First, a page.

Chickenpox is an annoying, itchy rash for children, but the virus that causes chickenpox can be a very serious health problem for older adults. Following childhood chickenpox, the virus goes into a dormant stage in the spinal cord. Old age or an impaired immune system can allow the virus to reappear in older adults as shingles, a very painful nerve disease.
A national study by the Department of Veterans Affairs found that a higher dose of the childrens chickenpox vaccine can help to prevent shingles in adults. When shingles did occur, the vaccine reduced the chronic pain of the nerve disease often associated with the infection.
Carol Kauffman, MD, chief of infectious disease at the VA Ann Arbor Healthcare System and a professor of internal medicine at the University of Michigan, says shingles is chickenpox reincarnated.
Among the elderly population, nearly all have had chickenpox as children. Its estimated that nearly 50 percent of these people will have had shingles if they reach the age of 85, she says.
Although it can occur in young adulthood, shingles occurs more frequently after the age of 60. About a million people develop shingles each year in the United States.
Shingles begins as a rash along a nerve route, which means it goes around one side of the body, or on one side of the face, but doesnt cross the midline. When it causes the rash, it also causes pain, which is a more serious condition than the blisters from the rash. The initial acute pain and chronic pain that follows, are serious problems with this infection. The blisters goes away in about a week and dont cause any problems.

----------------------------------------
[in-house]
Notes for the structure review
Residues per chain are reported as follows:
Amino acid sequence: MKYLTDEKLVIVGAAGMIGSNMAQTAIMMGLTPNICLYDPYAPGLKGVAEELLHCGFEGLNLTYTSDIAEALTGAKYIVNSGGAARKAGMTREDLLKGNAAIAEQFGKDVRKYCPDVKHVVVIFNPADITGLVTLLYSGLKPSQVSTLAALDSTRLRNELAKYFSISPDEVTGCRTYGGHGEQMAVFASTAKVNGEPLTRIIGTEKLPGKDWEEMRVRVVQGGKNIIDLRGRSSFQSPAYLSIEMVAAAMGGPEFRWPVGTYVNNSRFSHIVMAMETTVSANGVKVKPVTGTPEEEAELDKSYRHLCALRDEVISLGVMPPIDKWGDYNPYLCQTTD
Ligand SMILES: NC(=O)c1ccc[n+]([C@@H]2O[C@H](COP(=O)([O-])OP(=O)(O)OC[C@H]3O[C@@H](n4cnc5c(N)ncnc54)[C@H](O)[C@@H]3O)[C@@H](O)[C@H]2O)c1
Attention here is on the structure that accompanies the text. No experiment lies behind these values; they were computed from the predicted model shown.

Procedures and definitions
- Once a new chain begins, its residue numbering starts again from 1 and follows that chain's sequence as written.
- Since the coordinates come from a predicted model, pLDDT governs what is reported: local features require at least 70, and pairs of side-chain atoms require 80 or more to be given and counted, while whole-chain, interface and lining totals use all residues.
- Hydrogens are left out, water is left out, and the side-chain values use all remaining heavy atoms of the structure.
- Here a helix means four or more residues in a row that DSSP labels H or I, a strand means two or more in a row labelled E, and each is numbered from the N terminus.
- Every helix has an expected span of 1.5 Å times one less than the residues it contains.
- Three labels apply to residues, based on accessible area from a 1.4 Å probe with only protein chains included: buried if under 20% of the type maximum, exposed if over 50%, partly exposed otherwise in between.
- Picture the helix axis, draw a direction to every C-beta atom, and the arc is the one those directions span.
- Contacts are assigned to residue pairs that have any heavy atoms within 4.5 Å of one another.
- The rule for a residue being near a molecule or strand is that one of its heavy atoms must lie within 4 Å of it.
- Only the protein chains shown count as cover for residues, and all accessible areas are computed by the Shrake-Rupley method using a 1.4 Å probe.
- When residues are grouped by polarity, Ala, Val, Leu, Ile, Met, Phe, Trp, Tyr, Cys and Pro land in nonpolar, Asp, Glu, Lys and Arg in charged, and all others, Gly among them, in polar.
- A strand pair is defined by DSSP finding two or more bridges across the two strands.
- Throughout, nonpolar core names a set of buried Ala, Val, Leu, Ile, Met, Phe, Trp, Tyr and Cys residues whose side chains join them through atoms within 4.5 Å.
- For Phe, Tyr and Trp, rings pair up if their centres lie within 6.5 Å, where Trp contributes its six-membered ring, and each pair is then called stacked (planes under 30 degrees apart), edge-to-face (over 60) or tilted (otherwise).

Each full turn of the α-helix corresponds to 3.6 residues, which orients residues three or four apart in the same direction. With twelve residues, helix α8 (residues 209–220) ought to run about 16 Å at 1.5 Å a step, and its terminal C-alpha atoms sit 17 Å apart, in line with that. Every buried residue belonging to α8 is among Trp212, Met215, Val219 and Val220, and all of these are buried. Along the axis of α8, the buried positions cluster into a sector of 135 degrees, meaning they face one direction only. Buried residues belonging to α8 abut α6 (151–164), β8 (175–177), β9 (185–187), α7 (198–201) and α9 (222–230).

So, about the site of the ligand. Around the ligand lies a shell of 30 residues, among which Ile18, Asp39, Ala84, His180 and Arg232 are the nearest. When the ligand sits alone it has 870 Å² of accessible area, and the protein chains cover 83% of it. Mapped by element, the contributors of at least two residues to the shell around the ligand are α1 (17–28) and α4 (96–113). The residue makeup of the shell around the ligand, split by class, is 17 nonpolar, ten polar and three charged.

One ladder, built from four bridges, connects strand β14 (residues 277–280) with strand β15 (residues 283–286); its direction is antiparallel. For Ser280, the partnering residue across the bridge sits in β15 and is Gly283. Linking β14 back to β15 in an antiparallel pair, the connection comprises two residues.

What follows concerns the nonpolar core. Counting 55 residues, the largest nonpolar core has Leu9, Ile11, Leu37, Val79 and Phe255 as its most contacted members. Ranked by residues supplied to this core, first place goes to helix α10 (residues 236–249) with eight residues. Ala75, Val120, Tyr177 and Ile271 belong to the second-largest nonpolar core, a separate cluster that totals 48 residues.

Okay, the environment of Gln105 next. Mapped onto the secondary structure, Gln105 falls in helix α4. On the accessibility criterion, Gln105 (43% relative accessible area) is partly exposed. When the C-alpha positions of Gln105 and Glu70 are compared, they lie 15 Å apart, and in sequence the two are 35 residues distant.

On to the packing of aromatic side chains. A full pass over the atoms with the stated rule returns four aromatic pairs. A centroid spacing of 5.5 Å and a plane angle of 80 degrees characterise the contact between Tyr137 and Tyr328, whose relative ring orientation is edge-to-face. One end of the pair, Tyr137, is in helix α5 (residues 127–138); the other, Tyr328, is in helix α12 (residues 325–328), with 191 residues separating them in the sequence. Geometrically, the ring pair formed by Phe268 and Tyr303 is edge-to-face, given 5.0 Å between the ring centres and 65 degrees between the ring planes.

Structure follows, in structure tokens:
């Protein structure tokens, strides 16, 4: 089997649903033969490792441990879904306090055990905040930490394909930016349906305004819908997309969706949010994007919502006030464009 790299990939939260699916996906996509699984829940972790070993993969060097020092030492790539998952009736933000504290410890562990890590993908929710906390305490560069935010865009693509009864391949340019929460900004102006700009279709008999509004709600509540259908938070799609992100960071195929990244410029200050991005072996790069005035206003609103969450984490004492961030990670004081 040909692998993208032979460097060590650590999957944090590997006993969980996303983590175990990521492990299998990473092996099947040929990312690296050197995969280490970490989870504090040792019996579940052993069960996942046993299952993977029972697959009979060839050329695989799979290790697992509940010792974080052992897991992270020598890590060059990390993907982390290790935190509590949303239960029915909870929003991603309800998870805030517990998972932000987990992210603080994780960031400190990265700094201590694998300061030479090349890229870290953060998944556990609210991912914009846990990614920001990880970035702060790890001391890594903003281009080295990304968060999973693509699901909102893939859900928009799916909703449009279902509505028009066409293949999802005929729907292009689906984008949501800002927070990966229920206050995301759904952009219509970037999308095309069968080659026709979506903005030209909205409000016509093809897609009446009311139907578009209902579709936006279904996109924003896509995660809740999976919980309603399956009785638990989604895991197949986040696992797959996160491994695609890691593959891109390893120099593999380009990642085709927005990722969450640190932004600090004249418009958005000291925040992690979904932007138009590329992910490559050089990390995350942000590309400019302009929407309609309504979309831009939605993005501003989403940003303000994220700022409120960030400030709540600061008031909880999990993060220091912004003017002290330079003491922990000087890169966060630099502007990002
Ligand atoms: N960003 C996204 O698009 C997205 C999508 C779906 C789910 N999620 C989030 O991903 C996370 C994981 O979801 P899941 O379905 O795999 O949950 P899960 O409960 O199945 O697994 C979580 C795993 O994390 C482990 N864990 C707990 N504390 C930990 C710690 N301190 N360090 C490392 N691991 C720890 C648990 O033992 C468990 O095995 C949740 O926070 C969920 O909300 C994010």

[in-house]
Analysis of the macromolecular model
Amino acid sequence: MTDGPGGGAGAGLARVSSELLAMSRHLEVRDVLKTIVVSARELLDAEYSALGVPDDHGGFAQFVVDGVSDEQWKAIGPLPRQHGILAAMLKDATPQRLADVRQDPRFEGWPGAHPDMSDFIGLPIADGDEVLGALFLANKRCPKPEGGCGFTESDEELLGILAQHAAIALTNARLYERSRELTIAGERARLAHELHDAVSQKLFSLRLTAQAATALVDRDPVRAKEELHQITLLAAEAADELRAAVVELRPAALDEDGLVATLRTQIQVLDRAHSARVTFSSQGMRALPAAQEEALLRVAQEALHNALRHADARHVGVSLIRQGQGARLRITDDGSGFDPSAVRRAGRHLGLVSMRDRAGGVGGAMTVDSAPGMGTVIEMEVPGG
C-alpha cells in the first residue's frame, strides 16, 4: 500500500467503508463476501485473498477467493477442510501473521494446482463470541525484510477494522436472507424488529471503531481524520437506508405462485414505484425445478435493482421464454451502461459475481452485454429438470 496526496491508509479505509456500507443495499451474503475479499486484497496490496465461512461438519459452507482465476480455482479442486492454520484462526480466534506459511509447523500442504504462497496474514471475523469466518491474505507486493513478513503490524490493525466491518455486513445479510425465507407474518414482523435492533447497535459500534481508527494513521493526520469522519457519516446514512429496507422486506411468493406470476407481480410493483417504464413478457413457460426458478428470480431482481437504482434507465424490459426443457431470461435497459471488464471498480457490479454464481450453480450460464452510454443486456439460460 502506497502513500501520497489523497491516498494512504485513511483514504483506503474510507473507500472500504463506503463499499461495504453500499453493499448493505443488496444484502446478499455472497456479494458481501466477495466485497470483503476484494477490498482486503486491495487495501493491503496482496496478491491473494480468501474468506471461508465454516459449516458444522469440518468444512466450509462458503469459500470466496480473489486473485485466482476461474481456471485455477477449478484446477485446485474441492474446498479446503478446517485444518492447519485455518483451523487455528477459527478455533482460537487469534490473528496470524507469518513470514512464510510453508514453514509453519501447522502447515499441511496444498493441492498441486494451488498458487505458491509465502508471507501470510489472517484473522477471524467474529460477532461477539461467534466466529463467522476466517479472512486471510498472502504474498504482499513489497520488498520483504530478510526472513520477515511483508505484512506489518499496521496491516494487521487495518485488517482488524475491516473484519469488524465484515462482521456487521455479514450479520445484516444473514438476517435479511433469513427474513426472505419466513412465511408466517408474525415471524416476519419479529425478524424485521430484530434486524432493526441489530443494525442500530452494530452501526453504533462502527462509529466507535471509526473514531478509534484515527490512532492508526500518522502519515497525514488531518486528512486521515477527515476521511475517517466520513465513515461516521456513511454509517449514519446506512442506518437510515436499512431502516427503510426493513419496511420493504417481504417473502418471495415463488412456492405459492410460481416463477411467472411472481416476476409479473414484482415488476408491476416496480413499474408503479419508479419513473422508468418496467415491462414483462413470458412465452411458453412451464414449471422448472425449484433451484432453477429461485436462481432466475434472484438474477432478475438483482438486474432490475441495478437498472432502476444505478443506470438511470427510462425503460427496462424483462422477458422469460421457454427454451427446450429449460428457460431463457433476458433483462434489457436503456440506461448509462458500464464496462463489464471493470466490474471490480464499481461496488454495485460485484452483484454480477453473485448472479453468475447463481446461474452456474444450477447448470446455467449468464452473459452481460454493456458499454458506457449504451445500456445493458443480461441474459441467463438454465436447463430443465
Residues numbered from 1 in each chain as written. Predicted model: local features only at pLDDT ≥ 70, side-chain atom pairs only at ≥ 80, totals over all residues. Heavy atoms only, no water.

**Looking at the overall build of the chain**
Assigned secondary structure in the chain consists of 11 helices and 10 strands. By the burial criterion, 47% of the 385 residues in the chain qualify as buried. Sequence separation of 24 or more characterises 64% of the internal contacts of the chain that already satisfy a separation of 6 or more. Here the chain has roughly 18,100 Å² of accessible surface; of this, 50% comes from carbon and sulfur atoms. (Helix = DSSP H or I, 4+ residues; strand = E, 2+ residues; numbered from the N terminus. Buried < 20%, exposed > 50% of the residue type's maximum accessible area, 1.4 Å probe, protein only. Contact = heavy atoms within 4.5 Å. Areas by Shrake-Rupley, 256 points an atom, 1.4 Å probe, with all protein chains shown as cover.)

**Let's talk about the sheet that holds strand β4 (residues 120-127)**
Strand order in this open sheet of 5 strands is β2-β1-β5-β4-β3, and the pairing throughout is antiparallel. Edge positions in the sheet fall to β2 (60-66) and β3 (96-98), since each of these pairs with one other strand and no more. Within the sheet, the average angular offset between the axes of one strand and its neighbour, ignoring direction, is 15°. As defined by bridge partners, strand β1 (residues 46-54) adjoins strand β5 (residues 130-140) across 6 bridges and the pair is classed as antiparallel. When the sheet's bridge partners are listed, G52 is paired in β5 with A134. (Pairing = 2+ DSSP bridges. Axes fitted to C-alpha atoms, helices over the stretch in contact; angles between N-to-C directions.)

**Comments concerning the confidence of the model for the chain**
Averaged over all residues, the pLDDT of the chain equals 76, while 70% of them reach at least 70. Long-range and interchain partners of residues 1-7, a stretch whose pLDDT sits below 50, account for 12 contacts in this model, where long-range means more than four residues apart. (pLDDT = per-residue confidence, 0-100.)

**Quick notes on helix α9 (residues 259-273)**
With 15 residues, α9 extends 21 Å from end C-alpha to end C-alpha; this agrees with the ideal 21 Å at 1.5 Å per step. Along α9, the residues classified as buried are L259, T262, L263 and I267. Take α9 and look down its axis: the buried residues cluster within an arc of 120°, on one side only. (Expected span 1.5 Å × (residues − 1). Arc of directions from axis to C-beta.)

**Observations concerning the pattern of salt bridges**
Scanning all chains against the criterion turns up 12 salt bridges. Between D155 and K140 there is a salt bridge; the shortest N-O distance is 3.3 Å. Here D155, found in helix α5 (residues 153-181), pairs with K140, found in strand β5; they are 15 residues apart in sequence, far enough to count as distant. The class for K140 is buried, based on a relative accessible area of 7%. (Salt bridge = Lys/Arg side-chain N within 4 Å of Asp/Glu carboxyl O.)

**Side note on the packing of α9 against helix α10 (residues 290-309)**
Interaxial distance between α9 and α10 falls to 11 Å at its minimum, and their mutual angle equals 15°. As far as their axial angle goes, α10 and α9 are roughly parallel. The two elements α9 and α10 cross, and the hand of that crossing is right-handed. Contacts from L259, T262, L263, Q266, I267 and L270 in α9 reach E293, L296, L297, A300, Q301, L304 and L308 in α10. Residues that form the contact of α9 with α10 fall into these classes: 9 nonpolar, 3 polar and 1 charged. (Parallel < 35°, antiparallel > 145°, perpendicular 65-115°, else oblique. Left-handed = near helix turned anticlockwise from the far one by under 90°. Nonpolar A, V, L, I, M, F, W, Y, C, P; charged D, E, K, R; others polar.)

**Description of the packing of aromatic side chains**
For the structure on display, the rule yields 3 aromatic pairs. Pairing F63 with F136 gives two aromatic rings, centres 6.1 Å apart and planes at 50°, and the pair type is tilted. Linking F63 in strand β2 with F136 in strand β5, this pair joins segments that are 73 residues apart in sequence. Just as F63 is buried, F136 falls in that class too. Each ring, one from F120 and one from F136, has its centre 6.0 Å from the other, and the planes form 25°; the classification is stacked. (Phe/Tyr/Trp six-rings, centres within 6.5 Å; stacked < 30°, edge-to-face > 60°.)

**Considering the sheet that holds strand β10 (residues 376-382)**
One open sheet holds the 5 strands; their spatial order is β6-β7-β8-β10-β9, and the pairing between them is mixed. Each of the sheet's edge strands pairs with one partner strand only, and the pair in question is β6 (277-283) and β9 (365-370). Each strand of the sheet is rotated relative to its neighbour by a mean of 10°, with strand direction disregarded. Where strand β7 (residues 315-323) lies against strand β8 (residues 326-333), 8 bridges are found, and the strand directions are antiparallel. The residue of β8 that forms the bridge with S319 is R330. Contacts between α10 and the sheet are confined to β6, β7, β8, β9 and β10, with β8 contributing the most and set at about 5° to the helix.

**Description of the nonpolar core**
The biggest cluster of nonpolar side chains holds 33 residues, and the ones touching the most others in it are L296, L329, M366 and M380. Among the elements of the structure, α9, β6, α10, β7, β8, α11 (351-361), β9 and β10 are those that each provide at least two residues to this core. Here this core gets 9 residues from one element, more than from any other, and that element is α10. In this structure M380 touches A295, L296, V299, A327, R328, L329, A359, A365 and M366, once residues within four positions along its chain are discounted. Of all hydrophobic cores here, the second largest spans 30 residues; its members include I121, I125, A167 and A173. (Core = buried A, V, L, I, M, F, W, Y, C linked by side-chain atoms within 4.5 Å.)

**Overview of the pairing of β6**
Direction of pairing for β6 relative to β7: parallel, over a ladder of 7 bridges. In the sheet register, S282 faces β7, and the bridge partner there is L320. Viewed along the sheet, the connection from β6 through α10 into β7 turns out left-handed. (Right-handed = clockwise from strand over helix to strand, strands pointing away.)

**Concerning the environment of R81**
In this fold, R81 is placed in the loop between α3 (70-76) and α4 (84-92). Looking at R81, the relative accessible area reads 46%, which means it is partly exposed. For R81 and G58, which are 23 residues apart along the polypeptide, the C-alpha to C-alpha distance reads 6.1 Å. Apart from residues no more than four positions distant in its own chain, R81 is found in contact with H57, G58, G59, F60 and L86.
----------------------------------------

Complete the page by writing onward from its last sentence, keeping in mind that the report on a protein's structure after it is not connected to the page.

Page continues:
Weve had patients who cannot stand to put on clothes. They come to the office and as soon as possible will take off their clothes in the area thats involved because just the light touch of clothing on the rash can be very painful, Kauffman says.
Treatment of shingles is easily accomplished with very safe anti-viral drugs that are administered for seven to 10 days. These treat the blisters and make the rash go away faster, but they do not prevent postherpetic neuralgia, which is the name given to the chronic pain that occurs after shingles.
Doctors suspected it would be more effective to have active immunity against the virus so shingles doesnt flair up, rather than to treat it once it has emerged. About 10 years ago, virologists at the Department of Veterans Affairs designed a study to look at the childrens chicken pox vaccine and see if it might prevent shingles in older adults.
The idea was to take people who had chicken pox as children, boost their immunity with the chicken pox vaccine, and see if this prevented shingles, Kauffman said. As it turns out, you need a larger dose of the vaccine than what is given to children, but the study showed the vaccine prevents shingles, the pain was prevented if you did get shingles, and the disease was much less strong than it would have been without the vaccine.
The study involved more than 38,000 volunteers throughout the United States, both veterans and non-veterans. It covered five years, with half the volunteers getting the vaccine and the other half getting a placebo. After five years, the results were that shingles was decreased by 50 percent. Those who did get shingles had about a 60 percent reduction in severity.
Very important is the fact that postherpetic neuralgia was reduced by two-thirds in the vaccine group, in comparison to the placebo group, Kauffman said.
She says that, as a result of this large study, an adult vaccine is under consideration for approval at the United States Food and Drug Administration. When the FDA approves it and a commercial vaccine for adults becomes available, the likely recommendation will be that adults over the age of 60 be vaccinated.
Source: University of Michigan Health System